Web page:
Rep. Hyde ‘Unlikely Hero’ in Congressional Debate Over International AIDS Funding, New York Times Editorial Says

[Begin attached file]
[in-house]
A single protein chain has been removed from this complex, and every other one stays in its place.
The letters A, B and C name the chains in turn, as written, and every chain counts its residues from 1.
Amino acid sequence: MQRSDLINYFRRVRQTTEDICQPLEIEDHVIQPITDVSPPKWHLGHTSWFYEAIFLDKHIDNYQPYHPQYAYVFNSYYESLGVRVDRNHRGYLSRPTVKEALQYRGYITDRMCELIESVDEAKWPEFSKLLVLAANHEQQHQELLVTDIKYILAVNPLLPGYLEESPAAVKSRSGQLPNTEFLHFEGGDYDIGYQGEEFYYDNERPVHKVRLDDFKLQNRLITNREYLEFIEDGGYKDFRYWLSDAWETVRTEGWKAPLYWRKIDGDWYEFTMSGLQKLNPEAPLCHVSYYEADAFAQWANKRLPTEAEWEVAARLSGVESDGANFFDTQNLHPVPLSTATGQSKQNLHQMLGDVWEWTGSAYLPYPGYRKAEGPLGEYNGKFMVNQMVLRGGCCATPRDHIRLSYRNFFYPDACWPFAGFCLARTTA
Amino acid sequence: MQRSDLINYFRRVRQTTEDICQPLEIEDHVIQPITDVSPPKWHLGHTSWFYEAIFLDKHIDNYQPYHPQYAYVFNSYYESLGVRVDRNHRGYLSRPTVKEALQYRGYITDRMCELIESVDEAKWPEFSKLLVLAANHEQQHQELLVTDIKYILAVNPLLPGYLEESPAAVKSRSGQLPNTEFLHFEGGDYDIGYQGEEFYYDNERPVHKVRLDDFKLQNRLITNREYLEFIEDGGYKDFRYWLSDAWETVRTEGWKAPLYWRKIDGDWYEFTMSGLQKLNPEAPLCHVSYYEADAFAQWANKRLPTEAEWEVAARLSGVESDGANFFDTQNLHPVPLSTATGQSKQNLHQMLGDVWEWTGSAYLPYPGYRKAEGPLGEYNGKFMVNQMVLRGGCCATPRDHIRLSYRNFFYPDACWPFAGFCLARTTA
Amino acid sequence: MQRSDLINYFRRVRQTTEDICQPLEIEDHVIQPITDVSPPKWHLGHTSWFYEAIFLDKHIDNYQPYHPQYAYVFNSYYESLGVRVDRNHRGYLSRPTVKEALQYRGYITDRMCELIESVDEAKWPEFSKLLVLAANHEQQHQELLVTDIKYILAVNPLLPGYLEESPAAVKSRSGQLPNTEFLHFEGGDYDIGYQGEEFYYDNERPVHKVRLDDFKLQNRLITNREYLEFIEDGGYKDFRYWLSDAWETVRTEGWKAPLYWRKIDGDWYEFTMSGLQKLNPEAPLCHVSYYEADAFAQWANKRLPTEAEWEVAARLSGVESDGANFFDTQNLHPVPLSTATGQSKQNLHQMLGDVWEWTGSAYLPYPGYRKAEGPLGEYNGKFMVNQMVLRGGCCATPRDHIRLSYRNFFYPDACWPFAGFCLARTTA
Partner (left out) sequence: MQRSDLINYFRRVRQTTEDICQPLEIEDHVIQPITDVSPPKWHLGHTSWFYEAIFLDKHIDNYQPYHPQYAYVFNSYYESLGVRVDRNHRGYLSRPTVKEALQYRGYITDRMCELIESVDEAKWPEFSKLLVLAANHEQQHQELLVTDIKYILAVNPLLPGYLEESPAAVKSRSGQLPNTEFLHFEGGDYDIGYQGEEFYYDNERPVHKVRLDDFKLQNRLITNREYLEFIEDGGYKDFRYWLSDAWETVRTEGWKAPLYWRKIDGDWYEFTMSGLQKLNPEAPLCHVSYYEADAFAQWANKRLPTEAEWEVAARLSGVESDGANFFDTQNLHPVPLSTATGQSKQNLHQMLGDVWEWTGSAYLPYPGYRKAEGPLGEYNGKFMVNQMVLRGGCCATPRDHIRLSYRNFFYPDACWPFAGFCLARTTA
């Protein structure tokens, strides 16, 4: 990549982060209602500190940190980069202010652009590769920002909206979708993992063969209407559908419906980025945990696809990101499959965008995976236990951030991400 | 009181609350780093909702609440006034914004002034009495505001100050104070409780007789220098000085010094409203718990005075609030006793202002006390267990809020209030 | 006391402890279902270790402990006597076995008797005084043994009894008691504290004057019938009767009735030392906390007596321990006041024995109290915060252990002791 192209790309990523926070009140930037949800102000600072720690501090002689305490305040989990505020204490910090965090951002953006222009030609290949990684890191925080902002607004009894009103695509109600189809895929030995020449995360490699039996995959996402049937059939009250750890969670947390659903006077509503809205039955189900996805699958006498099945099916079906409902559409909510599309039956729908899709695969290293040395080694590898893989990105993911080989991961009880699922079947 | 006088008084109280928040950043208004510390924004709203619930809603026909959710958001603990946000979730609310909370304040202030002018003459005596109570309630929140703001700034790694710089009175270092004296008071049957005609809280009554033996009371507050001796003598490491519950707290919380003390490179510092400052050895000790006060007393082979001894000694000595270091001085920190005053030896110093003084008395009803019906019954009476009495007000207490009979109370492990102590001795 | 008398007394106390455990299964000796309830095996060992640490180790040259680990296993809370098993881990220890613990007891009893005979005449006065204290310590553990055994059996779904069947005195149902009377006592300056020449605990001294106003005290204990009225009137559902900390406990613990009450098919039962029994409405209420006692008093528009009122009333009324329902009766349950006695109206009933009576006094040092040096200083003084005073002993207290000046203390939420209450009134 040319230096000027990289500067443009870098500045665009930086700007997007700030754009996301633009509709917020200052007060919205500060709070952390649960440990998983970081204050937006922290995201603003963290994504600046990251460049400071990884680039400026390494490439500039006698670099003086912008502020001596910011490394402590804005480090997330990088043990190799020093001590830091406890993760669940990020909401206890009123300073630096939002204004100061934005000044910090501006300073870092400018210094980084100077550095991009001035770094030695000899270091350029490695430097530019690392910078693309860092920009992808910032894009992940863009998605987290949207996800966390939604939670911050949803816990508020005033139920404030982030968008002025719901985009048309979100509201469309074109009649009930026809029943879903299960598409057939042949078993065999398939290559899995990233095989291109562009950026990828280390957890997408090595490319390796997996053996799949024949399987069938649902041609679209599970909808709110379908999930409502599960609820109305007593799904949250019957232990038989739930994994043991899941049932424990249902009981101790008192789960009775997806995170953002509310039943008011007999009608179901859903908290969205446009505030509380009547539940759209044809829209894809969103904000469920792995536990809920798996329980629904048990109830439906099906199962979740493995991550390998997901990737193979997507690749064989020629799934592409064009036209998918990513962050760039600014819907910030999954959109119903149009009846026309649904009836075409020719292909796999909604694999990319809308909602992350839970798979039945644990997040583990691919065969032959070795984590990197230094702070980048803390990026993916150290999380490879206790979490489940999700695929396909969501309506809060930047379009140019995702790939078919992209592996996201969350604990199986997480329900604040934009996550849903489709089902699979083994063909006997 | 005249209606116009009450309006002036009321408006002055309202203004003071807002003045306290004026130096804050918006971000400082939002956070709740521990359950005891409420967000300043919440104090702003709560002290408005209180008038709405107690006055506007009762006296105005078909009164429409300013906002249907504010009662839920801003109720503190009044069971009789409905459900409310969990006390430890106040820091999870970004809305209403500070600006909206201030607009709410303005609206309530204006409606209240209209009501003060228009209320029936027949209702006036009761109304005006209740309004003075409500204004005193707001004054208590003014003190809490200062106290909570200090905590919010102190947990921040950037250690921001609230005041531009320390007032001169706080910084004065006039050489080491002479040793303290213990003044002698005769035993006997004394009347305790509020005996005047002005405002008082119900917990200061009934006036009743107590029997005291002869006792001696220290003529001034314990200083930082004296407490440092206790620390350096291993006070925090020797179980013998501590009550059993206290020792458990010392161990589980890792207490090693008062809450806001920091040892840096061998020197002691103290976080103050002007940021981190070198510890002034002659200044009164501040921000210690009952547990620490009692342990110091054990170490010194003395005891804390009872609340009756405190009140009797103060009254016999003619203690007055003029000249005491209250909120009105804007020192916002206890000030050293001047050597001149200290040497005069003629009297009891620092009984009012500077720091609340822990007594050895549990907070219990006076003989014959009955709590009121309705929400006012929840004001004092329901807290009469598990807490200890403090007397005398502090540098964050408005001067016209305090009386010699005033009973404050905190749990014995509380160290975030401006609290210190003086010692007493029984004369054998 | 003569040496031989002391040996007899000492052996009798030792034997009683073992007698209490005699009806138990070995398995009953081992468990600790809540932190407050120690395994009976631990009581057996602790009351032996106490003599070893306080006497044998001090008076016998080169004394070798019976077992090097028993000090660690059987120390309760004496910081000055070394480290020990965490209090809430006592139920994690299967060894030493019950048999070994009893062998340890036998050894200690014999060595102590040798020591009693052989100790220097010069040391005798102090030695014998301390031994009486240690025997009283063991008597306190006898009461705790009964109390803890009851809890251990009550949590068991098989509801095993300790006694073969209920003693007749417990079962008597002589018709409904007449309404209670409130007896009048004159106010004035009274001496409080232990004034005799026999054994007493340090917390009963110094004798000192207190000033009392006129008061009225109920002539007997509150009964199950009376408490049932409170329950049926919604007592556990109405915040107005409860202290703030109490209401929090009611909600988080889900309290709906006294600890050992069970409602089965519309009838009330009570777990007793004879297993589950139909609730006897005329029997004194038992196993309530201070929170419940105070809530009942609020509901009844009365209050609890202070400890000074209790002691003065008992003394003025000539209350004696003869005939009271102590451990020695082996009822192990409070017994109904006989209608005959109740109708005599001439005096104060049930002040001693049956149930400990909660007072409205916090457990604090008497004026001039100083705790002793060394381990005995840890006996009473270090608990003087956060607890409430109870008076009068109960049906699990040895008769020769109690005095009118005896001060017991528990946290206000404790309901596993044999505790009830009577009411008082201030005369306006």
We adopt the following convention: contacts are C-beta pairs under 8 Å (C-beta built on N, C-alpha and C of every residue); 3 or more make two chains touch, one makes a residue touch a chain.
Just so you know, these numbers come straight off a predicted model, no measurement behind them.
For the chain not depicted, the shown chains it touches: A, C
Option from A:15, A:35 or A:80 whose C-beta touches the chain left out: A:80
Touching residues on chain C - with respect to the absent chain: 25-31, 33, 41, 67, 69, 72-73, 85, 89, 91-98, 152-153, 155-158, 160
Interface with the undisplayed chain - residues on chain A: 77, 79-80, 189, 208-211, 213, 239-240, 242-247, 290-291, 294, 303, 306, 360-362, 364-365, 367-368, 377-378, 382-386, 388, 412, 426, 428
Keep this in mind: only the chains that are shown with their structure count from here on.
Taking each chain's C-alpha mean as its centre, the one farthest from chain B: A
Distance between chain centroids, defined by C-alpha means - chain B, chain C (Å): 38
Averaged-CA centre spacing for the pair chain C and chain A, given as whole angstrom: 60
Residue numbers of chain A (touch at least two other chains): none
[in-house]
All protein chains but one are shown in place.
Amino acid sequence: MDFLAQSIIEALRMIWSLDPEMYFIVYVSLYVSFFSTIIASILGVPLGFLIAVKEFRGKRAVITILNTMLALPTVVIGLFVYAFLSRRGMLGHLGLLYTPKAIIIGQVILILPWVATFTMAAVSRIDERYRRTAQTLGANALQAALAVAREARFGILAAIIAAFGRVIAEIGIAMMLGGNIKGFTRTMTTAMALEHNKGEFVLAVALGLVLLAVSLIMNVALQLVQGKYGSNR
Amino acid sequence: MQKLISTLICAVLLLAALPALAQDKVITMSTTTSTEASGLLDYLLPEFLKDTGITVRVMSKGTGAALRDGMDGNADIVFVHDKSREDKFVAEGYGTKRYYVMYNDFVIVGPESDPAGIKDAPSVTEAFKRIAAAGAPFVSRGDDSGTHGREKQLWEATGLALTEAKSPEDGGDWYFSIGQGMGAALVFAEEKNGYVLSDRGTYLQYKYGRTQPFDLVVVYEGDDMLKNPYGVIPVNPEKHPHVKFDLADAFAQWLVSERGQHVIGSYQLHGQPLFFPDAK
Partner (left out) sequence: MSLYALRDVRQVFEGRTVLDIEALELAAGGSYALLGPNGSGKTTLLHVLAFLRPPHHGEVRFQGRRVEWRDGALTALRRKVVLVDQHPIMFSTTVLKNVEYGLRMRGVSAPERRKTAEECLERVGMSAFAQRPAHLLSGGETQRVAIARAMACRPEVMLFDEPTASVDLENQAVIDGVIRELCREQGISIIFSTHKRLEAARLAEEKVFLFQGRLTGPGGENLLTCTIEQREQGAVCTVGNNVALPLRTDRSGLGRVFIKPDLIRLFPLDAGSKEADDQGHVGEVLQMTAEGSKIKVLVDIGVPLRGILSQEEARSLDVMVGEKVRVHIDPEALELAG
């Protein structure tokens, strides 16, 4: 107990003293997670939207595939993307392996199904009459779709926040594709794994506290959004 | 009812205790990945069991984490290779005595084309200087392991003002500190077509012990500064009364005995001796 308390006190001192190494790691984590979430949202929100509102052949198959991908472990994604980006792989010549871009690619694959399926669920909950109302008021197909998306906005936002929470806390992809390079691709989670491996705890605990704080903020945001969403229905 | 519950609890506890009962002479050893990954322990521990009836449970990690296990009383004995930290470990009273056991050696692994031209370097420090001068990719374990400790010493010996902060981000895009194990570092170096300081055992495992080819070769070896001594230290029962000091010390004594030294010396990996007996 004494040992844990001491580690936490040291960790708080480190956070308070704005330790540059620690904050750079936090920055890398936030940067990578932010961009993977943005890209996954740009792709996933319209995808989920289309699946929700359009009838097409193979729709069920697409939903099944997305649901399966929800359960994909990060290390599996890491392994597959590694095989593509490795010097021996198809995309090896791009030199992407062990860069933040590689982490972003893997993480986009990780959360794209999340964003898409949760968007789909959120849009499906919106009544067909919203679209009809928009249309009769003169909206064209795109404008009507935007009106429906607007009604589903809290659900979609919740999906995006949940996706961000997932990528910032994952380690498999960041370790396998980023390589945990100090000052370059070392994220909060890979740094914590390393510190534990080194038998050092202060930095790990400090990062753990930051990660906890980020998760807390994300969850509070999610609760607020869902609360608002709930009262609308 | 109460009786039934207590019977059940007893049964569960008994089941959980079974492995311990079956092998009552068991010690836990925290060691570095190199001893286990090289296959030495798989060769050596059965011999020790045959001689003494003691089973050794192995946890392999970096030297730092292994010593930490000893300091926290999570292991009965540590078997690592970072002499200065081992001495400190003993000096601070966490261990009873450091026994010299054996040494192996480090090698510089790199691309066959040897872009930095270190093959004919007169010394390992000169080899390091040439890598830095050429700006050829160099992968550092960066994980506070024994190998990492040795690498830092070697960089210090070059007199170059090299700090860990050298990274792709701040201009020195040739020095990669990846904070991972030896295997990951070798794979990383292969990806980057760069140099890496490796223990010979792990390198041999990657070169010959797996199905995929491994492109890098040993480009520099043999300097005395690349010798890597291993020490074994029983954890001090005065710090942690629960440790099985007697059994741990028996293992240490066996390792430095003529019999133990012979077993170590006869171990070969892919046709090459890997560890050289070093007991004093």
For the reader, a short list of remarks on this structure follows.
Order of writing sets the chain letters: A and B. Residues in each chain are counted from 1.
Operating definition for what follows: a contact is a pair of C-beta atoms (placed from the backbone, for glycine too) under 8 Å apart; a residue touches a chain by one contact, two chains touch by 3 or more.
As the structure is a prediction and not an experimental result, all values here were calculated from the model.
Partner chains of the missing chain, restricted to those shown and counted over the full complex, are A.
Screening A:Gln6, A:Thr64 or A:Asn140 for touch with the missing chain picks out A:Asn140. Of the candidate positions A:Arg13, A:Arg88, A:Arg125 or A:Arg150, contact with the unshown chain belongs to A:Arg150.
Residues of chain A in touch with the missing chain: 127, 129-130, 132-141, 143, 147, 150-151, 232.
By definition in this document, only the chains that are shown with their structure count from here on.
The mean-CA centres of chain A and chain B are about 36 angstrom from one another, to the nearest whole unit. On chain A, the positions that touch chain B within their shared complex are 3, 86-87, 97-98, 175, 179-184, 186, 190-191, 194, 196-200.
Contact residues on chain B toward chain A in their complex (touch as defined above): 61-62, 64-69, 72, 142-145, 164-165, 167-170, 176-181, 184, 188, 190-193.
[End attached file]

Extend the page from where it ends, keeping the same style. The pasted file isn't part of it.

Although Bush administration actions have already negatively affected sex education and reproductive health programs both internationally and domestically, the "far right's agenda" has never been as "potentially disruptive" as it is now regarding international AIDS funding, a New York Times editorial says. The administration and some lawmakers, along with the "religious right," have said that both the House and Senate versions of a bill to finance global AIDS prevention and treatment efforts do not sufficiently promote abstinence and that the AIDS initiative could become, as the Family Research Council has said, "an airlift for condoms" (New York Times, 3/28). The Senate Foreign Relations Committee last week delayed a vote on Sen. Richard Lugar's (R-Ind.) proposed AIDS legislation over concern that the bill does not adequately promote abstinence over condom use as well as debate over the amount of money to be allocated to the Global Fund to Fight AIDS, Tuberculosis and Malaria. A House Committee on International Relations markup of an AIDS bill (HR 1298), sponsored by Rep. Henry Hyde (R-Ill.), has also been postponed until further notice (Kaiser Daily HIV/AIDS Report, 3/20). In the debate over international HIV/AIDS funding, Hyde -- a longtime abortion-rights opponent -- has emerged as "an unlikely hero ... wrangl[ing] bipartisan support in the House for a very good AIDS bill ... with no abortion distractions," the Times says. The editorial concludes, "Mr. Hyde's bill may not prevail because for others, promoting a doctrine comes before saving millions of people from AIDS. How pro-life is that?" (New York Times, 3/28).This is part of the Morning Briefing, a summary of health policy coverage from major news organizations. Sign up for an email subscription.